If you look at the training plans written by any of the top climbing trainers, they often look completely different and contain a lot of different exercises.  However, they also have one thing in common.  They are all organized around at least some strategy of periodization.

While this may make periodization sound like the magic bullet to the upper edges of the grade spectrum, in reality it is simply a strategy for organizing your training.  The real magic is in determining what type of periodization will work best in helping you reach your goals.

To help clear up some of the confusion around periodization, here’s an excerpt from Steve Bechtel‘s second episode on the TrainingBeta Podcast.  In it, Steve explains some of the classic periodization programs and outlines why he feels they aren’t the perfect fit for climbing training.

Give it a read and if you are looking for me check out the full episode and transcript!

Steve Bechtel on Periodization:

Neely Quinn: Okay, I want to switch gears here a little bit. Can we talk about periodization? You have said that you think that there’s a lot of confusion about periodization. Can you explain?

Steve Bechtel: Yeah, so periodization is simply the organization of your training. A lot of people will read a book about it, like a general book about it. There’s a famous book about it by a guy named Tudor Bompa. It’s the division of training into these things called ‘mesocycles’ where you would have a portion of time that’s spent developing endurance or developing strength or developing power. The problem is we have de-training that occurs.

On a traditional periodization program, the one that’s what we call ‘linear periodization’ now, where it’s four weeks of different facets of training, if you train strength for a month and you’re hangboarding and then you just stop hangboarding and you start bouldering, you’re going to have some transfer of strength or some amount of strength stay with you just because you’re bouldering, but then when you switch from bouldering to doing routes and your power starts to decline from losing your bouldering, you’re eight weeks out from strength and we start to see those numbers drop off. That’s where a linear program starts to fail and we realize that, for a skill-based sport such as climbing that is dependent on a lot of energy systems, a linear training program or a linear periodization program isn’t the most ideal.

The reason that climbing is the coolest sport in the world is because it’s highly skill-based, it’s dependent on all three of the major energy systems, and it also is one where you can develop flexibility or a better mental game and still improve, even if you’ve topped out all of those other things.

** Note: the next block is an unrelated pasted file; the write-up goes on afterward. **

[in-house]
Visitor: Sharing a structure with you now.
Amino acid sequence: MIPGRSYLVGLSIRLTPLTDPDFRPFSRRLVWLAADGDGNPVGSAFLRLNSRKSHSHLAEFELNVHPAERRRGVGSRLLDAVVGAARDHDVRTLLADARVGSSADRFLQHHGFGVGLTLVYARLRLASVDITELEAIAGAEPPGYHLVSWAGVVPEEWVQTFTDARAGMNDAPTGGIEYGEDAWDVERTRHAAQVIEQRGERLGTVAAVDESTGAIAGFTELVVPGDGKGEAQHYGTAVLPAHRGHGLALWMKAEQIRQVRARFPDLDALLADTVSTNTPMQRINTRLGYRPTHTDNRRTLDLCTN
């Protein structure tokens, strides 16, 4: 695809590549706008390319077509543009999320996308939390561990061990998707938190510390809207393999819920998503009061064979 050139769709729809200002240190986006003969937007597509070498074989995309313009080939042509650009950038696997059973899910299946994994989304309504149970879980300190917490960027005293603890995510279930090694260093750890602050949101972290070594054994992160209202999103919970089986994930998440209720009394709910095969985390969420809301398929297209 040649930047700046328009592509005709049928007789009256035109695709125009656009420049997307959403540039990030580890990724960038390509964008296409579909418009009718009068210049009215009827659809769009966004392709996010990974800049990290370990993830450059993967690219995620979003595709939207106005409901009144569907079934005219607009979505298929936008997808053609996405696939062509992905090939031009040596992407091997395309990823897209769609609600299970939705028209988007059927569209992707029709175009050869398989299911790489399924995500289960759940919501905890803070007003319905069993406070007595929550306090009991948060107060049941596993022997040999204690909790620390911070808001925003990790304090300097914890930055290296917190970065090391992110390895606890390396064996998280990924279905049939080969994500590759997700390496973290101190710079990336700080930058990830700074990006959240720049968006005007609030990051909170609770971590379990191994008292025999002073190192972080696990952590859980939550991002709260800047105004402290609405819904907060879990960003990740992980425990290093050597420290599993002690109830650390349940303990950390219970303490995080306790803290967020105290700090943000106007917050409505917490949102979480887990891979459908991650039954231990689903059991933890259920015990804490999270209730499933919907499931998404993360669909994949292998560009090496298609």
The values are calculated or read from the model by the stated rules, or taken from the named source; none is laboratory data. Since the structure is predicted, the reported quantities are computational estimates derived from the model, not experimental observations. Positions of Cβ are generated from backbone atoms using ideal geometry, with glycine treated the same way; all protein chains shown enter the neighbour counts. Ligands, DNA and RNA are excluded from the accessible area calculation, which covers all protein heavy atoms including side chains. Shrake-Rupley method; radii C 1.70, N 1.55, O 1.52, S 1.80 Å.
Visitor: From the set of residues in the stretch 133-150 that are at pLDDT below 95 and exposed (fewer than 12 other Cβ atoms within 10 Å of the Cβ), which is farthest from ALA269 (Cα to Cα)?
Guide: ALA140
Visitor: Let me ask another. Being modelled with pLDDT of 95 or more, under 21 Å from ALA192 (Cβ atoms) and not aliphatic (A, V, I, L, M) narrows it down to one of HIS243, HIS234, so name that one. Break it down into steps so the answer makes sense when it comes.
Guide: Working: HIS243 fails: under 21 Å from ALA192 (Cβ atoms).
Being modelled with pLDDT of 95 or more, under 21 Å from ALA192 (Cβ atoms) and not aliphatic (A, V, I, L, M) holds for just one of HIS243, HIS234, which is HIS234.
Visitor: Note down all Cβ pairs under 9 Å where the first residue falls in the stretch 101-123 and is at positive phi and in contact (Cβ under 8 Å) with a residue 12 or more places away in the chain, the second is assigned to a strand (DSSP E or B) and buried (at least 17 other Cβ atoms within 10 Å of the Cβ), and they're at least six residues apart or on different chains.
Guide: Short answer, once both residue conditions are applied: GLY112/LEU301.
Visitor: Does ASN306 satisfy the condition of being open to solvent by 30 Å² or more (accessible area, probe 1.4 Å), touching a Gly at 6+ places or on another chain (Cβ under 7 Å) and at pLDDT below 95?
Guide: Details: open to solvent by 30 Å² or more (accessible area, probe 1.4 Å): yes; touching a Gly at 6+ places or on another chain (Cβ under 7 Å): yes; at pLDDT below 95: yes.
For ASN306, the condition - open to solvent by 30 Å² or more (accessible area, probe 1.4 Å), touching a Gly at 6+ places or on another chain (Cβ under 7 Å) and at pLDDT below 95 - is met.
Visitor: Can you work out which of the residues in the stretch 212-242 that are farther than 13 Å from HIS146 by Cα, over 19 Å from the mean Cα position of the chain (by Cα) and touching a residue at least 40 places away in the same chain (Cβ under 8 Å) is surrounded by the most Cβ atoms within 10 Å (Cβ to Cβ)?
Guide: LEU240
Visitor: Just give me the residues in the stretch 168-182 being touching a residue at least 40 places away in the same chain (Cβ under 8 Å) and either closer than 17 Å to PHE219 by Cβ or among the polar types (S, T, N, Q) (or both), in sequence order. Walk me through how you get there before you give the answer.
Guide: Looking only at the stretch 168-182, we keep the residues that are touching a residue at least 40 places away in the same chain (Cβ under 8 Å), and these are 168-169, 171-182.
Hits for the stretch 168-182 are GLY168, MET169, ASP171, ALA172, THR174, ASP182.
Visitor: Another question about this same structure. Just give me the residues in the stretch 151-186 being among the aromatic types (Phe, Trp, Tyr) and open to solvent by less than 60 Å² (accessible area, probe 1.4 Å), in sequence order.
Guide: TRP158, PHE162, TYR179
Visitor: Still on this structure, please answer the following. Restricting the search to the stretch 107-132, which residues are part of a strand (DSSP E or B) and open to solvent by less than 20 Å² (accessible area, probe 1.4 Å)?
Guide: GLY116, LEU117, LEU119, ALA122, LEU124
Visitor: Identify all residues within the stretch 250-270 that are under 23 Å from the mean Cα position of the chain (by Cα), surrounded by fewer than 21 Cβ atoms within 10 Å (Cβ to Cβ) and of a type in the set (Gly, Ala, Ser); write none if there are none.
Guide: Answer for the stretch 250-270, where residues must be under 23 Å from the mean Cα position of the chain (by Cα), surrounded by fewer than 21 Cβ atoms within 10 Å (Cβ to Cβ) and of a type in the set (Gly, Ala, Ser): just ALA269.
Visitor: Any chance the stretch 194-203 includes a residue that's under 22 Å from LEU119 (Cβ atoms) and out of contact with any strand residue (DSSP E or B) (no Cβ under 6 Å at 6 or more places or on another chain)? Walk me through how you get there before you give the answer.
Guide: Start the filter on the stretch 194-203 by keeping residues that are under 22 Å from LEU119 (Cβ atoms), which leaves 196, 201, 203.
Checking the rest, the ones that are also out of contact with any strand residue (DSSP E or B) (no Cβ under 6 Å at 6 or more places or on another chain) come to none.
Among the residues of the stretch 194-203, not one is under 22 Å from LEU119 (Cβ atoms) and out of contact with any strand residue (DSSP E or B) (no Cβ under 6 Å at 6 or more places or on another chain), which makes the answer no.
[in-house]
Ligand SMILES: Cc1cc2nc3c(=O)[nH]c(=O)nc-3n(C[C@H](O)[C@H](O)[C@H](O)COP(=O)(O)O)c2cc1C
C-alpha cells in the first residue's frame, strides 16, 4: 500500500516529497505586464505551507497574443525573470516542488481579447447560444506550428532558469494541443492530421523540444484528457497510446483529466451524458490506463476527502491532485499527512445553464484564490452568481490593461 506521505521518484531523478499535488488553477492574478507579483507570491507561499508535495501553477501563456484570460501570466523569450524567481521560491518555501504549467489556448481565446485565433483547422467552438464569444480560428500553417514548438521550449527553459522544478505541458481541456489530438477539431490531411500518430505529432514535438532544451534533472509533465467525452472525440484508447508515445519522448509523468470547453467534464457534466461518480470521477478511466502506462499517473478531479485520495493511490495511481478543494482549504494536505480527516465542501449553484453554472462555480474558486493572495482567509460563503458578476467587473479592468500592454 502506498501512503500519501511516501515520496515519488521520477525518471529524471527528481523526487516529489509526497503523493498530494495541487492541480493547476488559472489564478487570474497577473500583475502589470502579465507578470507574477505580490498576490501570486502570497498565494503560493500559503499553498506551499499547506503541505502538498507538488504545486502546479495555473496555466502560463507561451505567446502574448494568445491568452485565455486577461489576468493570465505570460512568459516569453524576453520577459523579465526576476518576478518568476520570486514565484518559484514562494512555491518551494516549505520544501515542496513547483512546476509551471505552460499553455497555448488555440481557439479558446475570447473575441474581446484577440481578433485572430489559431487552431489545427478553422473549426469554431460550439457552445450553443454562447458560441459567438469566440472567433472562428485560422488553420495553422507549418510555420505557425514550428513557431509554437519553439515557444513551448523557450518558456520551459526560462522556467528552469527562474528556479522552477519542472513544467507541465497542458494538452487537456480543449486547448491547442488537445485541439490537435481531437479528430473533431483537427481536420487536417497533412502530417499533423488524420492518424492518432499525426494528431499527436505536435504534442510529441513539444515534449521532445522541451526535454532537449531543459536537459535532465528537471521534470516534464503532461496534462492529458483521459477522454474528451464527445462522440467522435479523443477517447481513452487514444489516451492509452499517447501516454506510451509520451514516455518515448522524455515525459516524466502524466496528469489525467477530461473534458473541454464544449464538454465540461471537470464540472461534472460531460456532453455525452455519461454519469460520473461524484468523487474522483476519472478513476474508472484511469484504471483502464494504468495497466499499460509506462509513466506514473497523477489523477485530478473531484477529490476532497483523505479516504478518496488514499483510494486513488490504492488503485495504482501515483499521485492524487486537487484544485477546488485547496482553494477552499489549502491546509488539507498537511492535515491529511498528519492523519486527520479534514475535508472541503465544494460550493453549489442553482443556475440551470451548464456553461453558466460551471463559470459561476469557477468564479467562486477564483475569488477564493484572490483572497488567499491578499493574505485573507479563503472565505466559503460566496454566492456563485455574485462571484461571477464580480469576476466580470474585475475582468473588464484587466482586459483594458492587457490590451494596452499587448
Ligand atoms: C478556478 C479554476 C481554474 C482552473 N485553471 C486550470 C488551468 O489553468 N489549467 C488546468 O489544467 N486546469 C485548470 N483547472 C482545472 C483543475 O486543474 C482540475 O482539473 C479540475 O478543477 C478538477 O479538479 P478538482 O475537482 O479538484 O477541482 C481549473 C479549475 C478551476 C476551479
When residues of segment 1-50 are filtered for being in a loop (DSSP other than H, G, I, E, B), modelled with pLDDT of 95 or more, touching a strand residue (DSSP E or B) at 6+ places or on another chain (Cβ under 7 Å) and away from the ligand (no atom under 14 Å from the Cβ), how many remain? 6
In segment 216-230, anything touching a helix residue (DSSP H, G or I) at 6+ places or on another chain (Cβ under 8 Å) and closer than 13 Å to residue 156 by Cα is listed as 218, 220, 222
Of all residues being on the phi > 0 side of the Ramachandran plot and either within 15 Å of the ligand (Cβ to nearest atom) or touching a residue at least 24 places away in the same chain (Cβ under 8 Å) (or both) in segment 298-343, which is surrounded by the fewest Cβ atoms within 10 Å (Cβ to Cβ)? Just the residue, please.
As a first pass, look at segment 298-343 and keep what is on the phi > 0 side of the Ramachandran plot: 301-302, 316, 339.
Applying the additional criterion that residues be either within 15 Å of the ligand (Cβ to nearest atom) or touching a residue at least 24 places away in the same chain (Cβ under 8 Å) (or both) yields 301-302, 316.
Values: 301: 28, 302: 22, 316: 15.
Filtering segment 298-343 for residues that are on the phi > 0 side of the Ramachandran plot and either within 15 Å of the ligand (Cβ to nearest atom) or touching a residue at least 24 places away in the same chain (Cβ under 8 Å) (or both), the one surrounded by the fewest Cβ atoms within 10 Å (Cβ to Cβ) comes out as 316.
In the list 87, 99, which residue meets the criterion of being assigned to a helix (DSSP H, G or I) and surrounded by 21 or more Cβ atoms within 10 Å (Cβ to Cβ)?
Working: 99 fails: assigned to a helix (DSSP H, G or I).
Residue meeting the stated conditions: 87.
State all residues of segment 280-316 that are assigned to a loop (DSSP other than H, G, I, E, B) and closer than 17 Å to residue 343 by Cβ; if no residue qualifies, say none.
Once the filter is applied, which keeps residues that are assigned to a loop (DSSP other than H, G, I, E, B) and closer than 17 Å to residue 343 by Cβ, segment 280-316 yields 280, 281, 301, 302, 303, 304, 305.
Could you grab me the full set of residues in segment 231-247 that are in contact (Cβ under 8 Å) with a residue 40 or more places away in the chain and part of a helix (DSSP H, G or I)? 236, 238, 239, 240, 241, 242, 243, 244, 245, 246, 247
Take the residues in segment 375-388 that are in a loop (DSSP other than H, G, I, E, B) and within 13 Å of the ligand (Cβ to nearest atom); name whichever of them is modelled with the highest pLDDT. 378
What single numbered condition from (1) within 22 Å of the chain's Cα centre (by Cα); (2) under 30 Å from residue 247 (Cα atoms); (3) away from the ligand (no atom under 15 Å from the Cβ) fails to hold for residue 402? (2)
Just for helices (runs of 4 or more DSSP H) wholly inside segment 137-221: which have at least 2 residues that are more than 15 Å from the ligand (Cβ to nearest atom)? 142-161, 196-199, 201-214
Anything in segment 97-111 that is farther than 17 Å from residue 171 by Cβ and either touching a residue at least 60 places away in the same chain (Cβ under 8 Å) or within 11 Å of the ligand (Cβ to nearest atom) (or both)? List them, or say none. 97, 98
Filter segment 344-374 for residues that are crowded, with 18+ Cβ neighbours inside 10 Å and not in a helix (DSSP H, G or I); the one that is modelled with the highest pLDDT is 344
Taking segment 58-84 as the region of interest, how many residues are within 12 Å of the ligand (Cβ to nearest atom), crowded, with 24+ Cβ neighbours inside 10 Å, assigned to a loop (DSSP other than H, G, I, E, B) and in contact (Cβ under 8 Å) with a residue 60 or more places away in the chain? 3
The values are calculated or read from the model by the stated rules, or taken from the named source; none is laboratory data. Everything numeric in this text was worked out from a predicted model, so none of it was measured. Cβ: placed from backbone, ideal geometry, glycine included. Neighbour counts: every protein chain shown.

A traditional periodization program is designed around a competition sport like, say, marathon running, so if I get really strong in the spring and then built some power and build endurance, it doesn’t matter how powerful I am at the marathon because now I’m just doing endurance. It’s a cyclic endurance sport, meaning you do the same thing over and over until you’re tired. Climbing is acyclic, meaning it’s not the same movement and it’s also all over the map. You can have routes that tax your endurance for 20 minutes then they have a V5 move – excuse me, a V5 section – for 15 moves so it’ll be power endurance, then it’s got a V12 exit so you’ve got to have top power. We’ve got to meld all those things together so I think when we look at periodizing, we need to address most of those energy systems most of the year.

Neely Quinn: Yeah, and I think that is exactly what we do in our programs because we kind of have finger training within the power cycles and power endurance within the strength cycles. How do you properly form a training program, then?

Steve Bechtel: Well, I think assessment is really a key. Like, where am I bad? Where am I not up to the same level? You might be really great at endurance but your finger strength is bad. There are a couple of assessments. Eric Horst has one in his Training for Climbing book and it’s pretty basic. His is a general audience book but it’s a good thing to look at, like, do I hate slab climbing?

A really great example is if you’re one of the people that thinks that trad grades are harder than sport grades, it’s just showing us that we have a weakness in your ability there because they really are the same grades. If you talked to somebody like Caldwell or Mike Anderson, they’re going to say, “Oh yeah, .14a is .14a.” That’s a good thing to look at and then you can say, “I’m going to develop a program that continues to focus on that weakness throughout the year,” because you can’t just, say, train slabs one month a year.

Neely Quinn: So it’s just about your weaknesses. You’re not trying to train everything throughout the year?

Steve Bechtel: Well, yeah, you want to continue maintaining all of those things but when we go back and we talk about your adaptation potential like we talked about earlier, you run into an issue of: I can’t be maxing out on everything, so the analogy I’ll use is a four-burner stove. You keep three of the burners simmering and stirring them while one of them you’re just boiling it.

What I would do is say, in any given training period, the majority of your training might be power but then you’re still going to do some low intensity endurance, you’re going to still be doing some strength endurance or power endurance training, and then you’re still going to be doing a little bit of maximum finger strength training. It’s a matter of figuring out how to balance those and that’s/I think that that’s where people get confused. We tend to drift toward our preference rather than toward our greatest need.

Full Episode and Transcript: TBP 036 :: Steve Bechtel Interview #2

(photo courtesy of Steve Bechtel)

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